Safe and Respecful Snowy Owl Viewing

by | Jan 18, 2021 | Parks Department, Wildlife

Observing a Snowy owl in the wild is a truly thrilling experience, but we must remember to keep our excitement in check and use caution when viewing and photographing this animal. As human stewards of these majestic owls, we are responsible to respect them by putting their needs ahead of our own desires to see them or photograph them up close. So how do we do that? This video will give you some guidelines for safely finding and viewing Snowy owls. As birding is increasing in popularity, we ask you to watch and share this video to help us spread the word about the importance of safely and respectfully viewing Snowy owls!


The first, and perhaps most important rule of safe snowy owl viewing is to view from a distance. Here are some other tips and ethical considerations:

🚫 Never approach or flush roosting owls. Although they may be out and visible during the day, making it seem as if they are active, they are nocturnal, which means they are trying to rest during daylight hours. A constant barrage of disturbance keeps the owls alert and unable to rest. This causes them to unnecessarily expend energy that would otherwise be used to keep warm or to hunt for food.
With binoculars or a scope, you can be afforded a much better view of a distant bird and keep the bird relaxed. This is important as it prevents you from approaching the owl for a closer view.

👍 Staying in your car can help as it can be used as a blind from which you can view and take pictures. If you are exiting your car, park on the correct side of the road and turn your engine off. Then exit slowly, quietly, and if possible, using the side of the car that is out of view of the owl. While viewing from outside, stick close to your vehicle and use it as a blind while making sure to keep your movements slow and voices quiet.

👍 It’s always good to limit your time with and potential disturbance to the owl – as you will likely not be the only one viewing it.

👍 When you do run into other people, encourage them to practice safe viewing and help them to do so when necessary by lending your scope or by giving some pointers. Always be respectful when correcting any behavior that is unsafe for the owl. Remember the golden rule to treat others as you want to be treated.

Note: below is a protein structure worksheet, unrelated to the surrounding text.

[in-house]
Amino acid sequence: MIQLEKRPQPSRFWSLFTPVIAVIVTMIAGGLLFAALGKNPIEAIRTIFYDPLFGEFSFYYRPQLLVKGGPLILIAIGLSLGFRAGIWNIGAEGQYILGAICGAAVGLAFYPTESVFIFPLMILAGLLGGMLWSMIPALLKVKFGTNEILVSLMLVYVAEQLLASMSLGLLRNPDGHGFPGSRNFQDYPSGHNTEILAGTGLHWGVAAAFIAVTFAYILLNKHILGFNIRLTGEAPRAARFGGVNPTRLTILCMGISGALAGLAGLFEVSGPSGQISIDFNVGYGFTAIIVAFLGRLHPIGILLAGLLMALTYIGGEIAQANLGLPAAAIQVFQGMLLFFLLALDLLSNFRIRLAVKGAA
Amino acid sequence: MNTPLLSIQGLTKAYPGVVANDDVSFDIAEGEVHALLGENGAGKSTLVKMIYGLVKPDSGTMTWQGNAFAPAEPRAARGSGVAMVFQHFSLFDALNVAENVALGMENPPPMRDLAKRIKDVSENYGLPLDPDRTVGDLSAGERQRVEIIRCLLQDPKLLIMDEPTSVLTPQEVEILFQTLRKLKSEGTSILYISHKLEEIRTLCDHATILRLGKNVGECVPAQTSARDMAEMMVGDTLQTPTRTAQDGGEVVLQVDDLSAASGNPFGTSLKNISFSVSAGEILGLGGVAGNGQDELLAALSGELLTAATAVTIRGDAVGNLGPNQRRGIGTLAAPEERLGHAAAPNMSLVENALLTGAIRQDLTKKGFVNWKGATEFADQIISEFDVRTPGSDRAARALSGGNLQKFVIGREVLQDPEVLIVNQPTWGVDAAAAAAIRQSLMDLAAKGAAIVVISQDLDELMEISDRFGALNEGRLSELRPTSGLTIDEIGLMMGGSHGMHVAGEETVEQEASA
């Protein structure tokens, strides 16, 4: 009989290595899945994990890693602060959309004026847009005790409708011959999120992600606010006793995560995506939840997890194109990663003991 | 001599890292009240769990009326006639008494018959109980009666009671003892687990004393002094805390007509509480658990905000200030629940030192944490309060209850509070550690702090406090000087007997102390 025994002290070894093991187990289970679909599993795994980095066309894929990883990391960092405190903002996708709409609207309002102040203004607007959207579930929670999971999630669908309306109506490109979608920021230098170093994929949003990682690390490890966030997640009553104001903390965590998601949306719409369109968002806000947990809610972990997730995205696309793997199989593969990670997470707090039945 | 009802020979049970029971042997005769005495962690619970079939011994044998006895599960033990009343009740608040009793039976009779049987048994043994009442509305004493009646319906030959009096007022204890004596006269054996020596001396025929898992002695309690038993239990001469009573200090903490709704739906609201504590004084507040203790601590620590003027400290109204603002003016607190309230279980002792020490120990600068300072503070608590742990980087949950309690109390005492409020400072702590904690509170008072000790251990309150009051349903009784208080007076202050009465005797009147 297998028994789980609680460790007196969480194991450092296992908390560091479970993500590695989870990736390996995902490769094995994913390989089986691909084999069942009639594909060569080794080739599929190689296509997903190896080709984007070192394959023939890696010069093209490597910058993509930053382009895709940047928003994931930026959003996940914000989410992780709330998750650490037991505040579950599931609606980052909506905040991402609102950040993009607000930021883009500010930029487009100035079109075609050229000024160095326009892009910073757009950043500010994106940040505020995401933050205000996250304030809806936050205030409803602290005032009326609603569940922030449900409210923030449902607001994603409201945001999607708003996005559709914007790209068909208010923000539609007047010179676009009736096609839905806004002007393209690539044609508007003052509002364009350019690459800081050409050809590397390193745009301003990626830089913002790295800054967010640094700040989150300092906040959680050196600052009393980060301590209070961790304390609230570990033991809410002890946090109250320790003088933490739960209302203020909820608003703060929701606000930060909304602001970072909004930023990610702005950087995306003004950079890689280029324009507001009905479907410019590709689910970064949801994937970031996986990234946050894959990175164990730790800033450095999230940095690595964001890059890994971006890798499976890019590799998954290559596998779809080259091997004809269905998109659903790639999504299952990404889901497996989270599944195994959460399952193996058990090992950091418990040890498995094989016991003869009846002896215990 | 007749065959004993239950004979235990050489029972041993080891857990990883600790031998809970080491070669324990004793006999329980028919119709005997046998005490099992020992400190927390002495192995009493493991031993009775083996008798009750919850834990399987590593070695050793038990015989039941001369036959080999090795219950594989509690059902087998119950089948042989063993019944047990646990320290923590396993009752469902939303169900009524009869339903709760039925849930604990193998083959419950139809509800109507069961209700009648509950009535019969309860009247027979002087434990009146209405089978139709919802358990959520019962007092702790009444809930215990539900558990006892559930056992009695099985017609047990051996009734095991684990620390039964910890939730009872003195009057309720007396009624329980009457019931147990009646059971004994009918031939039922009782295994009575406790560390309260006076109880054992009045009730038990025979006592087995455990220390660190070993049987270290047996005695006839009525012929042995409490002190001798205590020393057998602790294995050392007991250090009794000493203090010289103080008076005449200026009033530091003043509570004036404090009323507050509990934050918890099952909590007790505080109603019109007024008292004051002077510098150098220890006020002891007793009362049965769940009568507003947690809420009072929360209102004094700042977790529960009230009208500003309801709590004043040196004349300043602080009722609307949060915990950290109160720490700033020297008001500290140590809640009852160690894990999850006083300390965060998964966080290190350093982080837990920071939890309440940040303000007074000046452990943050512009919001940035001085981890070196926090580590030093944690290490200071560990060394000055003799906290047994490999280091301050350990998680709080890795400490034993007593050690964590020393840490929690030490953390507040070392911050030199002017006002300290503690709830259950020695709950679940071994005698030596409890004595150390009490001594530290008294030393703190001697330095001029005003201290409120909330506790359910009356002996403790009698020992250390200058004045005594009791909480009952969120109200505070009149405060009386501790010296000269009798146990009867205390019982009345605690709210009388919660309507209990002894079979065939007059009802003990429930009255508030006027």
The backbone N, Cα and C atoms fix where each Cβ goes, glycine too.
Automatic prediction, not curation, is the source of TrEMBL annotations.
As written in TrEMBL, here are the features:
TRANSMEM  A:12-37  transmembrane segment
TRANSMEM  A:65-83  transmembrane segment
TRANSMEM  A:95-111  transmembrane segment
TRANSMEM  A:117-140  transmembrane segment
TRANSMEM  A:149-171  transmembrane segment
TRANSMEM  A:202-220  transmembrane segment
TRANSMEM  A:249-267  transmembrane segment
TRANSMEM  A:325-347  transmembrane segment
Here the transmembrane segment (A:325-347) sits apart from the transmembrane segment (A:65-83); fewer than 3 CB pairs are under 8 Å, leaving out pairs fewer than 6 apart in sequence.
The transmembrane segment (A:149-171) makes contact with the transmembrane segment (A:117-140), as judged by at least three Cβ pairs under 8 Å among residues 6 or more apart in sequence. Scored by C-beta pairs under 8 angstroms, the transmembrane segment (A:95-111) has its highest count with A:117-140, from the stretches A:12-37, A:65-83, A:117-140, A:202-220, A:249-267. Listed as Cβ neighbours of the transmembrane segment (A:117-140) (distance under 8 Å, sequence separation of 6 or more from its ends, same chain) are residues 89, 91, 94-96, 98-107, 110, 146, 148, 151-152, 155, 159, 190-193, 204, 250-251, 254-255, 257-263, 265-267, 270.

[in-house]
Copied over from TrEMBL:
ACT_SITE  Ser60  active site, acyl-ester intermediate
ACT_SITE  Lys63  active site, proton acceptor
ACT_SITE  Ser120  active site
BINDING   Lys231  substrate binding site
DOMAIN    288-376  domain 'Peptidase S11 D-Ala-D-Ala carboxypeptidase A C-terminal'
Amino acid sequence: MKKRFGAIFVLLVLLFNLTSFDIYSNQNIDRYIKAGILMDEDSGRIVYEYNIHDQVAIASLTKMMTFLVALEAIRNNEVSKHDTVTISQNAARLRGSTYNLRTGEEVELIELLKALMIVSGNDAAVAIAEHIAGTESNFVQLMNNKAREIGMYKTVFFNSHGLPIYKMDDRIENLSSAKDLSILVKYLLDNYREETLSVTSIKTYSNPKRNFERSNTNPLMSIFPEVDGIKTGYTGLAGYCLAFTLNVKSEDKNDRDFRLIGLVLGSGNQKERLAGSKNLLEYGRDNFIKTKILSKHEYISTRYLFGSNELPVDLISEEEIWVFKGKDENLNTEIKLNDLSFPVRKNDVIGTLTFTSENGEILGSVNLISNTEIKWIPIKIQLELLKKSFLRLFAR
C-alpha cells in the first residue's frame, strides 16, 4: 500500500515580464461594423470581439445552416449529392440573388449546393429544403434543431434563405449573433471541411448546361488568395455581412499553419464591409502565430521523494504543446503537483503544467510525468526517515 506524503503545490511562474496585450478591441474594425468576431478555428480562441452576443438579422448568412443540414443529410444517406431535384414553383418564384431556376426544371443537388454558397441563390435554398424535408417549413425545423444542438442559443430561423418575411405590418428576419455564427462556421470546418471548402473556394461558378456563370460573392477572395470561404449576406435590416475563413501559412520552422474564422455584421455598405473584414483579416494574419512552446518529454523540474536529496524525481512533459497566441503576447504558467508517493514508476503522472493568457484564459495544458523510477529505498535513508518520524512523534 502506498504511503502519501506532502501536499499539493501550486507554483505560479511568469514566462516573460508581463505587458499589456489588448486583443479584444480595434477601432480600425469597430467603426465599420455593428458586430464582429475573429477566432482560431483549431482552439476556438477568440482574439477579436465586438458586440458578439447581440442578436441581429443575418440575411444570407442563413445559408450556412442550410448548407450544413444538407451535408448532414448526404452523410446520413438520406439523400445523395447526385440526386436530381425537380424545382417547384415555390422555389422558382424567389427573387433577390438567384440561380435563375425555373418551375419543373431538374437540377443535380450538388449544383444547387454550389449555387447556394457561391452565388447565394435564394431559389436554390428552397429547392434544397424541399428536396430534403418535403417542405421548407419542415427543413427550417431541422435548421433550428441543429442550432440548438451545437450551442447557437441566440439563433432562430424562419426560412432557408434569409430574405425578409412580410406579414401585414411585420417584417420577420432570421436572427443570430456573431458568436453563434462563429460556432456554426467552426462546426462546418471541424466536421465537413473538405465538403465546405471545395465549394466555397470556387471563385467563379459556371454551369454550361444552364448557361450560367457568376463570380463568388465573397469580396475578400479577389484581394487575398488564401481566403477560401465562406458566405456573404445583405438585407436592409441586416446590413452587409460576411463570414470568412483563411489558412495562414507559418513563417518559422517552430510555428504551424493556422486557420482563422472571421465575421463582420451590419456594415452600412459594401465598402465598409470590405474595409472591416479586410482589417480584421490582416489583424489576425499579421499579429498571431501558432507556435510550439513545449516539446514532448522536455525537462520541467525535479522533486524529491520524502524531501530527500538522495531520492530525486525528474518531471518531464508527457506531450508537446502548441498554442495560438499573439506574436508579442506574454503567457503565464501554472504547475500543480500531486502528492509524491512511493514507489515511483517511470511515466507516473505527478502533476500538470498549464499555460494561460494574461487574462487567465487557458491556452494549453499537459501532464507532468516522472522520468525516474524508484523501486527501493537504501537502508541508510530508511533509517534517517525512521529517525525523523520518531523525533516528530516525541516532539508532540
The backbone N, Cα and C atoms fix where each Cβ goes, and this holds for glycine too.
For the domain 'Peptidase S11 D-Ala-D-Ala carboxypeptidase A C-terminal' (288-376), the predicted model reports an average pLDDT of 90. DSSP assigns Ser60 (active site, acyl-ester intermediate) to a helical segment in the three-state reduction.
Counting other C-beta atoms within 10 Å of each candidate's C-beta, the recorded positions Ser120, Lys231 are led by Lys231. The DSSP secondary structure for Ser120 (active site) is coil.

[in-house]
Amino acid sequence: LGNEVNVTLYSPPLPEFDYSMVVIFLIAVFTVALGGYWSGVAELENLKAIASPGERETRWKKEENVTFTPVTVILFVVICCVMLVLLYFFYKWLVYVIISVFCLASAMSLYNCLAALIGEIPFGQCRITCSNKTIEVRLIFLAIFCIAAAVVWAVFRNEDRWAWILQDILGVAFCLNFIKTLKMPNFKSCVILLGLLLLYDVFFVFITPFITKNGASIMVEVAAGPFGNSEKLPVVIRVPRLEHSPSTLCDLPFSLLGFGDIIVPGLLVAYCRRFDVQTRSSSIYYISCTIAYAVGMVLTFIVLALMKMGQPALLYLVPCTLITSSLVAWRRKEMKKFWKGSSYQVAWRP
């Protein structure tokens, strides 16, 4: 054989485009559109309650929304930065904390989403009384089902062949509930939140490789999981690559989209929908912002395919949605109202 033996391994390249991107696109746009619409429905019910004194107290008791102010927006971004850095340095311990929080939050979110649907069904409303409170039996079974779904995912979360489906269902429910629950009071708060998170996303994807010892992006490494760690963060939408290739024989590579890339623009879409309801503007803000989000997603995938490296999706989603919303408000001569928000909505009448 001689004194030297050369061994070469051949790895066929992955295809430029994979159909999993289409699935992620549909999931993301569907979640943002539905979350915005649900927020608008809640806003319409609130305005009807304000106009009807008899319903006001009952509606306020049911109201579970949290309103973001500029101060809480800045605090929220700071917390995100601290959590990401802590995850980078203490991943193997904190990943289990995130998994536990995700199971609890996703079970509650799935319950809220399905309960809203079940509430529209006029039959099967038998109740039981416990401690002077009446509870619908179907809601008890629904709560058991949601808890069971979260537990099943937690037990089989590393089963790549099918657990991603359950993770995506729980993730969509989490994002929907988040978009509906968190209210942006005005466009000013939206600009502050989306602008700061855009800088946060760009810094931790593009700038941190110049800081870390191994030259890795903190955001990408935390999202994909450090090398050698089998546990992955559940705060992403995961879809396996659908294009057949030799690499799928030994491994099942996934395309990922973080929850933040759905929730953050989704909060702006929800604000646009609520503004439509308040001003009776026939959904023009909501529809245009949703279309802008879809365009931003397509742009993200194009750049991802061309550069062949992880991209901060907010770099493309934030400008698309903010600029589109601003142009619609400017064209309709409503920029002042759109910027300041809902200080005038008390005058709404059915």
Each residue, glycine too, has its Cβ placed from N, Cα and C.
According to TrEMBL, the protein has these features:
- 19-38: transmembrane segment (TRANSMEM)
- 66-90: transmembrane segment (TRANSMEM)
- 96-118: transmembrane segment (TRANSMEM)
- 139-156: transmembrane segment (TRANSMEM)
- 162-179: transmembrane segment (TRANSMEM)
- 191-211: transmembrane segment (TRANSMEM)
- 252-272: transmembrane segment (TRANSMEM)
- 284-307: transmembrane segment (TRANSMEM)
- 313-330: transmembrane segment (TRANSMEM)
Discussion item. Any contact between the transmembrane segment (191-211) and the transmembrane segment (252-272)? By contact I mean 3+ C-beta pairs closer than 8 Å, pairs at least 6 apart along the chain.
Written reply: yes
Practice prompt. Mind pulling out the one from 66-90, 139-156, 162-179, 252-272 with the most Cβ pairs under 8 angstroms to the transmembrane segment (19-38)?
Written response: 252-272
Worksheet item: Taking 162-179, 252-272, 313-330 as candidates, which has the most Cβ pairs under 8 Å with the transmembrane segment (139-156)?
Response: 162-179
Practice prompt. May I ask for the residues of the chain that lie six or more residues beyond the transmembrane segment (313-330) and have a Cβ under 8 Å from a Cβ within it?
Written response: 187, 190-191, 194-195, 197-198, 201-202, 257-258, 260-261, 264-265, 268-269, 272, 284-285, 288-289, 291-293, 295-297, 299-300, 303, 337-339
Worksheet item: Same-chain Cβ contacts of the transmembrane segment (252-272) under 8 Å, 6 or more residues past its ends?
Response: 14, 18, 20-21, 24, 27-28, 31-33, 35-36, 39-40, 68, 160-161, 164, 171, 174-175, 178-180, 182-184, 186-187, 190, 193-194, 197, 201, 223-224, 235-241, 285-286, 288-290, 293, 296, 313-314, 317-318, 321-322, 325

👍 And, of course, always respect private property, fences and signs!

🚫 Do not entice owls using bait food, such as mice. This behavior is detrimental and puts owls at risk to pathogens carried by the non-wild food source. Additionally, owls that are repeatedly fed may become habituated to humans which can cause unnecessary dependence, reducing natural instincts for hunting. It may also encourage the birds to frequent areas that may be harmful to them, such as highways where they can be struck by cars.

🚫 Owl calls or making squeaky mouse noises have also been used to gain the attention of the owls – often in an attempt to get a photo of the owl looking at the camera. But this constant barrage of disturbing sounds keeps the owls alert and unable to properly rest.

🚫 Snowy owls have a distaste for dogs, so make sure to leave your pup at home when seeking out owls.

While safely viewing Snowy owls be sure to watch the behavior of the bird for signs of stressful reactions to your presence.

Different owls have different tolerances, so don’t treat them all the same. If the bird is behaving in a relaxed manner, great, but if the bird indicates it is stressed, it is time to back off or leave. Here are some behaviors that indicate both relaxed and stressed owls – as gleaned from the International Owl Center.

👍 Relaxed owls:

  • Eyes shut and the bird seems to be sleeping (as indicated with the lower eyelid being shut)
  • If eyes are open, but the the upper eyelid is slightly relaxed slightly (so the eyes are not fully round) and it is not looking at you
  • Its body and feather posture will be relaxed
  • Owl may be preening or stretching
  • Actively hunting

🚫 Stressed owls exhibit the following behaviors:

  • Their eyes may be wide open, fully round and looking at you
  • Rapid blinking means “back off” or “go away”
  • Its body posture could be erect and alert
  • It may be in “Concealment posture” with eyes open only as slits, body feathers are compressed, and ear tufts erect (and yes, Snowy Owls have tiny ear tufts!)
  • If it’s readying to fly, it may posturing with bobbing head with wings parted from the side of its body
  • Most daytime flying indicates disturbance

Below are some additional resources on Snowy Owl viewing, identification and more

Snowy Owl Viewing Etiquette:

Why Not Feed Snowy Owls?

Taking Snowy Owl photos the RIGHT way:

VIDEO – Snowy Owl takes flight in fading light of late afternoon:

Snowy Owl Identification

US Fish & Wildlife Feather Atlas:

Snowy Owl Migration and Tracking:

Ottawa County Parks & Recreation

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